Merry Christmas and a happy New Year to you all and to your families, wherever you all may be


Monday 24 December 2018

Dinghy cruising A new channel trailer

Finally, my new 'first effort' 1 minute long channel trailer at 

To all sailors everywhere, have a Merry Christmas, a Happy New Year and I wish you safe, exciting and enjoyable sailing in 2019. Take care everyone 

Wednesday 19 December 2018

Not getting out

In not getting out to Salcombe because of the horrendous weather (I mean lets face it if a Russian cargo ship can wash up onto a Falmouth beach, it must be rough!!), I content myself with  two things

  • sniffing out any new videos of Welsford navigators in action
  • scripting and editing a new trailer for my YouTube channel (which if you haven't discovered it yet can be found at
so here are some new videos of Welsford navigators in action from this year

Thursday 13 December 2018

Dinghy cruising Reaching the Treluggan Boatyard on the river Lynher

Below you will find the latest instalment of my 2018 summer voyage up the River Lynher to Treluggan boatyard. My apologies for falling behind with the updates.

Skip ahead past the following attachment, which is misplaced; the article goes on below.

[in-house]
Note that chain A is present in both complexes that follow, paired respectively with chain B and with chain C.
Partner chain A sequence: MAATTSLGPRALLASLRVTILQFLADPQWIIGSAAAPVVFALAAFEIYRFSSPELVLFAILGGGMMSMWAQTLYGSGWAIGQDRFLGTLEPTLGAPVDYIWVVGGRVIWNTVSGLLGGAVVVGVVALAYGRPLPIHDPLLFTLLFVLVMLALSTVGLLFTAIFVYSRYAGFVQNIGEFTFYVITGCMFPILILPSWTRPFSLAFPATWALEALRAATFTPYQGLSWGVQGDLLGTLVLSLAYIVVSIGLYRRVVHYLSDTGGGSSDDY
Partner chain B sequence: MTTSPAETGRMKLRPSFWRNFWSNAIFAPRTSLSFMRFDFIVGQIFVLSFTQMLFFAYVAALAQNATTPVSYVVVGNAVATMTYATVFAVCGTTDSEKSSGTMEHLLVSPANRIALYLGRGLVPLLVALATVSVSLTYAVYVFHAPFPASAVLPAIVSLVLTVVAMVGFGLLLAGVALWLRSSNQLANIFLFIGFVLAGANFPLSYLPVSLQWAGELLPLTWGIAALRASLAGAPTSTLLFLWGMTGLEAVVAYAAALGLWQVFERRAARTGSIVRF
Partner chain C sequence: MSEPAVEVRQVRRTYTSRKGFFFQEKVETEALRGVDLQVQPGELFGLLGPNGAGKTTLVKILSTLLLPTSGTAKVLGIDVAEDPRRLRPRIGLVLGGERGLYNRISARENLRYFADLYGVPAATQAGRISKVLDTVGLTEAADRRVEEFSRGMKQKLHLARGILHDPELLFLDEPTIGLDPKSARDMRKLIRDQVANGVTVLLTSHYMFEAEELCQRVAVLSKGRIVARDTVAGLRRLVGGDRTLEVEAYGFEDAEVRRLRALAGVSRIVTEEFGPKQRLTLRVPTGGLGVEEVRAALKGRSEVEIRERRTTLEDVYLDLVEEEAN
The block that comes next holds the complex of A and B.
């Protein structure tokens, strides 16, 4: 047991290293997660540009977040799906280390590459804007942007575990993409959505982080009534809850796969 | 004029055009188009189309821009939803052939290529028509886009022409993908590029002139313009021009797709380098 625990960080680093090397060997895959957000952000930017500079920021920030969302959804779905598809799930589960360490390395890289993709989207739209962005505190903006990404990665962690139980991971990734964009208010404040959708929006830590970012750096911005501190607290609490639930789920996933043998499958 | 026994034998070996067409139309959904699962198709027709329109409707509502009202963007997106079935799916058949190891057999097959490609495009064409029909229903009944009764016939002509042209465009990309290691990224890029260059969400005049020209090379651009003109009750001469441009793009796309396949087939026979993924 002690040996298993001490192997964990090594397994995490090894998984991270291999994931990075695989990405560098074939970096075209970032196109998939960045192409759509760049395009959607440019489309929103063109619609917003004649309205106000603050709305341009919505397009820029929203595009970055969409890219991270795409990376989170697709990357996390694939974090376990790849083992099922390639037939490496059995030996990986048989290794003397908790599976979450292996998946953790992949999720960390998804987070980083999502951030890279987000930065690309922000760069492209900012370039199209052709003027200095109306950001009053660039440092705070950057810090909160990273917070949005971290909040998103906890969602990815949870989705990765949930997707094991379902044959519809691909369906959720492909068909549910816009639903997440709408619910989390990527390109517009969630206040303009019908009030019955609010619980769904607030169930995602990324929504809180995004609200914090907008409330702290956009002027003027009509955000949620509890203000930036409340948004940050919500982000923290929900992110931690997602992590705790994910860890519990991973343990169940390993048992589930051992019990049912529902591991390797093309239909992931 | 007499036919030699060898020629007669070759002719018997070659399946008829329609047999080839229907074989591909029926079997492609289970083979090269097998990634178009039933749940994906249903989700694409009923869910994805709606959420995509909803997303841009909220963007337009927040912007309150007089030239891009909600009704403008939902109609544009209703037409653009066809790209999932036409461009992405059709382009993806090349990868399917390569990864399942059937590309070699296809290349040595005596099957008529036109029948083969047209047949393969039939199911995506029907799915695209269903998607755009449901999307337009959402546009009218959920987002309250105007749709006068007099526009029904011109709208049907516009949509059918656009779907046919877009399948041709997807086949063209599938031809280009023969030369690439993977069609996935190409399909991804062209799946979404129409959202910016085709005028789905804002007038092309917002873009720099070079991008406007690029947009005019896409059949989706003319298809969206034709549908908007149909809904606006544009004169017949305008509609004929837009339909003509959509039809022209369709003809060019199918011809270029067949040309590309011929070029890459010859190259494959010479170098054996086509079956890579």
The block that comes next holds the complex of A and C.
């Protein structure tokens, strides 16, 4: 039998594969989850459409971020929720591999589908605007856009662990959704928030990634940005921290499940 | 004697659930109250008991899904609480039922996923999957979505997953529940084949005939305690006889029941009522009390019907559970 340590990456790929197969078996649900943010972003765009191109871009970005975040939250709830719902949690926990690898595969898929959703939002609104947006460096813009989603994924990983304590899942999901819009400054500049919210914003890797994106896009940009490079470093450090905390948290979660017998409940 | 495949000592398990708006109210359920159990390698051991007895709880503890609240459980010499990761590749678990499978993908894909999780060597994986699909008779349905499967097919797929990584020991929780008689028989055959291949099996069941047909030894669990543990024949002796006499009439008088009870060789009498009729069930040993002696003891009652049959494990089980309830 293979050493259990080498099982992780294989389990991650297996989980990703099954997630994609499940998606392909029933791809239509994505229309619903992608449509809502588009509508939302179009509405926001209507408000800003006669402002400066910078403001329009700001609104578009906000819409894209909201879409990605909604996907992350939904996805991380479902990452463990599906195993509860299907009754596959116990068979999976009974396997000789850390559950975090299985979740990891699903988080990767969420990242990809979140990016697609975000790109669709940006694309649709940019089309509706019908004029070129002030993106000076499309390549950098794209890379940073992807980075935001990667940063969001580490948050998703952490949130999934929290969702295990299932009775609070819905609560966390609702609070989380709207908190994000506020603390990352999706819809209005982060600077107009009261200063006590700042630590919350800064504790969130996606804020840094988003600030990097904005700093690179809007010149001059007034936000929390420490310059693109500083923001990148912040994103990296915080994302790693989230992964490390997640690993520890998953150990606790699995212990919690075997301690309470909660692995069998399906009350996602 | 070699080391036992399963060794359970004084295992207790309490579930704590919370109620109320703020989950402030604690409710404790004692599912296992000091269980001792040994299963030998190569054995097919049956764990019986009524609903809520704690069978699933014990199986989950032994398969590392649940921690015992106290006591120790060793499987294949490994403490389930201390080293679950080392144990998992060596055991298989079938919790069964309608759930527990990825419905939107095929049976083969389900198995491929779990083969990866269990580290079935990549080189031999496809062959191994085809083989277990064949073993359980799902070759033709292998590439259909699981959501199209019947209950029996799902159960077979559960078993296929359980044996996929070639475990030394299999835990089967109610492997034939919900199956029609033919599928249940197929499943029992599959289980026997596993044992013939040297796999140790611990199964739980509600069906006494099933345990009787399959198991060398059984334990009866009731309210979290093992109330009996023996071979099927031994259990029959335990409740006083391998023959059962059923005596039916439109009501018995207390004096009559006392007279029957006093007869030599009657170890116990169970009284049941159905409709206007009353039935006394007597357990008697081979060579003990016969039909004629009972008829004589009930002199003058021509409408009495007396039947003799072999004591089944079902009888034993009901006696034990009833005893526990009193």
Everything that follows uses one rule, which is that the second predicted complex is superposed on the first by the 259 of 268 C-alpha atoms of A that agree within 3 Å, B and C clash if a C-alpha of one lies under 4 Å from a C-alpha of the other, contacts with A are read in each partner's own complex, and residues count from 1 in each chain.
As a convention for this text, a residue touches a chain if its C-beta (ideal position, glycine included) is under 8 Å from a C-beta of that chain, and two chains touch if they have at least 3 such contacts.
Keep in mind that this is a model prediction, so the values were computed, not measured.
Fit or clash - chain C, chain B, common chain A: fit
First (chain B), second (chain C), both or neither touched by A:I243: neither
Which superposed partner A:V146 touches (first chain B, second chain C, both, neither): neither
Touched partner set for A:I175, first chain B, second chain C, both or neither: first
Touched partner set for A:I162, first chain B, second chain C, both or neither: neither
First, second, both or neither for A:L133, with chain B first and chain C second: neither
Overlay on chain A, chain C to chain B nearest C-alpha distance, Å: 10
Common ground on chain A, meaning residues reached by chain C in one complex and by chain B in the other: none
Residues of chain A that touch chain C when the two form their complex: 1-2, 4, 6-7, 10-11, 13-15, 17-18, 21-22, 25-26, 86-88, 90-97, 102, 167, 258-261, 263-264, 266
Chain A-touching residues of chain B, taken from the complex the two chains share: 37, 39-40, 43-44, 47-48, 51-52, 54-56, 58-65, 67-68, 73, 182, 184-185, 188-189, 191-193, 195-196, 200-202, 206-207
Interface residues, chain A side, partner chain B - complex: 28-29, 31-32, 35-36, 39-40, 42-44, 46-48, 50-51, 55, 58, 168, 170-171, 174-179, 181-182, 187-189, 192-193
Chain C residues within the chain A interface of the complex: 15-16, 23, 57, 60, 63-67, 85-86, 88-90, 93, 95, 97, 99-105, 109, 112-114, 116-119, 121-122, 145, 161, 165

If you want to read the previous instalments, they are listed in the links below in reverse order (i.e. previous down to first one)

Videos on the cruise up the Lynher and Tamar can be downloaded as a playlist from here

Approaching Treluggan

In the middle of the confluence where the rivers Tiddy and Lynher merge, lies an incongruous sight; an isolated single upright scaffold pole with an upside-down makeshift sign pointing ‘This way to Treluggan Boatyard’.

For boaters and sailors who don't know these waters, this amusing sign provides reassurance that one is heading in the right direction for the boat yard.

To those in the know? The boat sign is upside down and pointing completely the wrong way. It is the product of some mischievous soul’s humour. Follow the sign and the intrepid waterborne explorer will merely meander up the last section of the river Tiddy and arrive at St German’s quayside. Not that this is an unsavoury prospect in any way. It is a beautiful quayside with a large Victorian viaduct beyond, scenic quayside cottages and lime kilns and a rather welcoming small yacht club house. It is not, however, the aforementioned ‘boat yard’.